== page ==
Sailing in the Hudson requires, of course, that you check the chart, though there is largely ample depth, save for a few spots (especially near the Statue of Liberty). Be mindful of the fact that the Hudson is a tidal river and has a ripping current. Always factor the tide/current, especially during lighter wind periods, lest you be sailing a treadmill or a conveyor belt in reverse. There are always exceptions, but there is wind throughout the season. Generally speaking, the sea breeze kicks-in by early afternoon. Unless you are transiting via Long Island Sound, sailing the East River is not recommended (narrowness; current stronger than the Hudson; vibrant commercial traffic). Of course, you will experience every form of waterway companion – from swimmers to kayakers to jet skis to power boaters to dinner cruise yachts to tourist craft to commuter ferries to commodity barges to container ships to the Queen Mary II. And of course, the rare Airbus A320-214 (US Air Flight 1549), but that was January 2009, outside of sailing season! Any ASA basic keelboat student learns his/her right of way rules, and will have ample opportunity to practice them when learning to sail on the Hudson!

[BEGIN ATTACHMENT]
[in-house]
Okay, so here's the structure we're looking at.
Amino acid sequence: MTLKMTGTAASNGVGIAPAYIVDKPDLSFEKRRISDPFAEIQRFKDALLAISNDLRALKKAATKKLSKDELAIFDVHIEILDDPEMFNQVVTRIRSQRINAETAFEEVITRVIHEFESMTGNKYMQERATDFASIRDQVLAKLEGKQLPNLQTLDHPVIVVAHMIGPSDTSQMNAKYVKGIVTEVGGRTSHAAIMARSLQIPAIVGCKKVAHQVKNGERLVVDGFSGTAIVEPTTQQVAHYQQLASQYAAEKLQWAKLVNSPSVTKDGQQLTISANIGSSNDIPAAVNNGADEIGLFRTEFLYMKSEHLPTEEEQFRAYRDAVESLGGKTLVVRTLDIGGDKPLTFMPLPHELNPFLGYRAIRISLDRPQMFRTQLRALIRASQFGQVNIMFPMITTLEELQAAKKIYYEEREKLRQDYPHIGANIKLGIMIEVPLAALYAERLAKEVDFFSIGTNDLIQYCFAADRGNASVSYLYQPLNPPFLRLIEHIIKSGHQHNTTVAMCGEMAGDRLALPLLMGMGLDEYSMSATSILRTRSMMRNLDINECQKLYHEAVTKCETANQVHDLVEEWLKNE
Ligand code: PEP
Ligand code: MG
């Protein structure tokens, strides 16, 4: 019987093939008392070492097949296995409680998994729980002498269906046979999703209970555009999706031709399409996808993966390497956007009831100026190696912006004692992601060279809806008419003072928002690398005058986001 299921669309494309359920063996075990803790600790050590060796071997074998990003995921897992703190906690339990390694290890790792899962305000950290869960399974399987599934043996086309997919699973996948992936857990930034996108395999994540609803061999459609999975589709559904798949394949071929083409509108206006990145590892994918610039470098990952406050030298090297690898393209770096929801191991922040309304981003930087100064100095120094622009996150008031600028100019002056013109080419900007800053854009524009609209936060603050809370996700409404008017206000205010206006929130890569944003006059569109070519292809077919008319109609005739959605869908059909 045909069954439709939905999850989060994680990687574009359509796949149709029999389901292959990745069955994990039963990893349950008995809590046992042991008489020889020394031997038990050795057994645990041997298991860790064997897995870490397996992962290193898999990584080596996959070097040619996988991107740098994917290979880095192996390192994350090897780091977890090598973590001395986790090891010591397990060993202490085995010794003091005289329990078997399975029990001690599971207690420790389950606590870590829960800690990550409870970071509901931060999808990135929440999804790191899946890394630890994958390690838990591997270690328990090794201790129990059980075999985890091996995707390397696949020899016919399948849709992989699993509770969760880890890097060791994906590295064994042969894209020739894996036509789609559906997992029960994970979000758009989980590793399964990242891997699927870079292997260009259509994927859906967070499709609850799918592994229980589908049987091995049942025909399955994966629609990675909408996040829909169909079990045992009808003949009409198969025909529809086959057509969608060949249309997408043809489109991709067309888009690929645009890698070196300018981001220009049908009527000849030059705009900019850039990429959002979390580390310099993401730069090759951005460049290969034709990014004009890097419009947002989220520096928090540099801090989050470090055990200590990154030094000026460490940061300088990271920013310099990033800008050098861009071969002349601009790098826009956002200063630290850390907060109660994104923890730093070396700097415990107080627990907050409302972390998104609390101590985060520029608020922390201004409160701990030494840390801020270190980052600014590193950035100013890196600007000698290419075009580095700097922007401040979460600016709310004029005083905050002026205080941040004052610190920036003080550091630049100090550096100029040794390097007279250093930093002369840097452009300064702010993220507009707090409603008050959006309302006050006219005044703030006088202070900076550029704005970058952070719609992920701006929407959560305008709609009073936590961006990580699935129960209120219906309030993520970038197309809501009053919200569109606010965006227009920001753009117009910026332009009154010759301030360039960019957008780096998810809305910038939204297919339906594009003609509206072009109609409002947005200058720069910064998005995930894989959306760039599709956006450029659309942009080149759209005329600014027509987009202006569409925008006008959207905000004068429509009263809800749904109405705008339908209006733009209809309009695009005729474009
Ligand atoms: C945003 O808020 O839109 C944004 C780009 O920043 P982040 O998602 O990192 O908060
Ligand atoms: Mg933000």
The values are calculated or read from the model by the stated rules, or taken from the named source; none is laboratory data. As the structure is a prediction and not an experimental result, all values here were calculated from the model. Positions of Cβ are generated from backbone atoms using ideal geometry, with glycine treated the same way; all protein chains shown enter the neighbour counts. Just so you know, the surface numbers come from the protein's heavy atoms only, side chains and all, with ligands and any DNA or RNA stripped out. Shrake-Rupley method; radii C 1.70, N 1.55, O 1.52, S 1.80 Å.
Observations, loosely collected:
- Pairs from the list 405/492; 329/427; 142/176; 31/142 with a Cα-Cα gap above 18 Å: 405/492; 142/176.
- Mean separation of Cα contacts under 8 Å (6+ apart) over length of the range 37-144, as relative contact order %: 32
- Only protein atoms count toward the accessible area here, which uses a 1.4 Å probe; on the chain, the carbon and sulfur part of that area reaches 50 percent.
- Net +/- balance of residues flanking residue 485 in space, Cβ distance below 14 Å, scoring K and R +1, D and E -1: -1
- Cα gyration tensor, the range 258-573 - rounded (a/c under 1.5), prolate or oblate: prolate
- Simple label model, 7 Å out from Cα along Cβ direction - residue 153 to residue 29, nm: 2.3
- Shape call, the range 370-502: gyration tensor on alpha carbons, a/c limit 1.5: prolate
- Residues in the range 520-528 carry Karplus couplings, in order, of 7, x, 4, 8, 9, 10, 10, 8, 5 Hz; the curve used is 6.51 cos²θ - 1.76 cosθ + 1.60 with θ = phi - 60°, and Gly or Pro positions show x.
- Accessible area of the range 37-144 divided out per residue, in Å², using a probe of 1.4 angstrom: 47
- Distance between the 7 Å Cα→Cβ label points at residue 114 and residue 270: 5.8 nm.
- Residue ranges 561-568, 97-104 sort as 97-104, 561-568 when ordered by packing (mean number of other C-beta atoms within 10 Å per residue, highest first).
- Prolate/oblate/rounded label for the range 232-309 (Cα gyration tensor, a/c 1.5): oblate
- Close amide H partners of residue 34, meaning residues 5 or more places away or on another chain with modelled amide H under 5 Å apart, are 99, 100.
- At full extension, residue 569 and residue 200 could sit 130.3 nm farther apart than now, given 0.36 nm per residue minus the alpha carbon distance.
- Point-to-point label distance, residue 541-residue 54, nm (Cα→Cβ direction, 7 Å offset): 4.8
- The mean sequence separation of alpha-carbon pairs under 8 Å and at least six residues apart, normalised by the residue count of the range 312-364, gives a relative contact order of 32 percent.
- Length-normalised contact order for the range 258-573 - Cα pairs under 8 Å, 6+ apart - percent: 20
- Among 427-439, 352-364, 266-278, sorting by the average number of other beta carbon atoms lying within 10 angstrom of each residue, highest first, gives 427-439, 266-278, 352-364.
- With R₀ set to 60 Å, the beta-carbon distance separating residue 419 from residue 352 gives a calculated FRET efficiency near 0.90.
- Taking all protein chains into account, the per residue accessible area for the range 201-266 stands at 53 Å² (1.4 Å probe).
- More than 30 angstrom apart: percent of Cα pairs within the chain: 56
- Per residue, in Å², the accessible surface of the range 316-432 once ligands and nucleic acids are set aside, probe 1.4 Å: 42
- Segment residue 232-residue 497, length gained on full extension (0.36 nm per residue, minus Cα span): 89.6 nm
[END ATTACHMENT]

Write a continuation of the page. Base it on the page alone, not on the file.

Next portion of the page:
There are several marinas, which accept transients, on both the New York and New Jersey sides of the Hudson River. All have slips and one in New York has moorings. Anchoring, while very exposed to the elements, including the aforementioned tidal change and strong currents, is largely permissible, though there are no public dinghy landings. Most of the marinas have dockside (or proximity) dining; besides, you’re in New York/New Jersey with food for every taste and budget. The marinas on either side of the River have public transportation access to the opposite shoreline and points inland. The area in which New York/New Jersey sailing is lacking is its offerings of sail up (or dinghy up) to waterfront access, outside of the marinas. But once ashore you’ll have more to do than time permits.
The New York sailing season is the end of April to the end of October, save for the frostbite crowd; check the marinas’ official season start/end for access. There are annual events to observe – from the on water, Macy’s Independence Day fireworks show, to the US Navy Fleet Week, to the tug boat race to the swim around Manhattan. Each year seems to also have its special water celebrations, such as the 2009, 400th anniversary of Henry Hudson discovering the North River (later named for him), the 2010 Red Bull Air Race, or 2011’s 125th anniversary of the Statue of Liberty.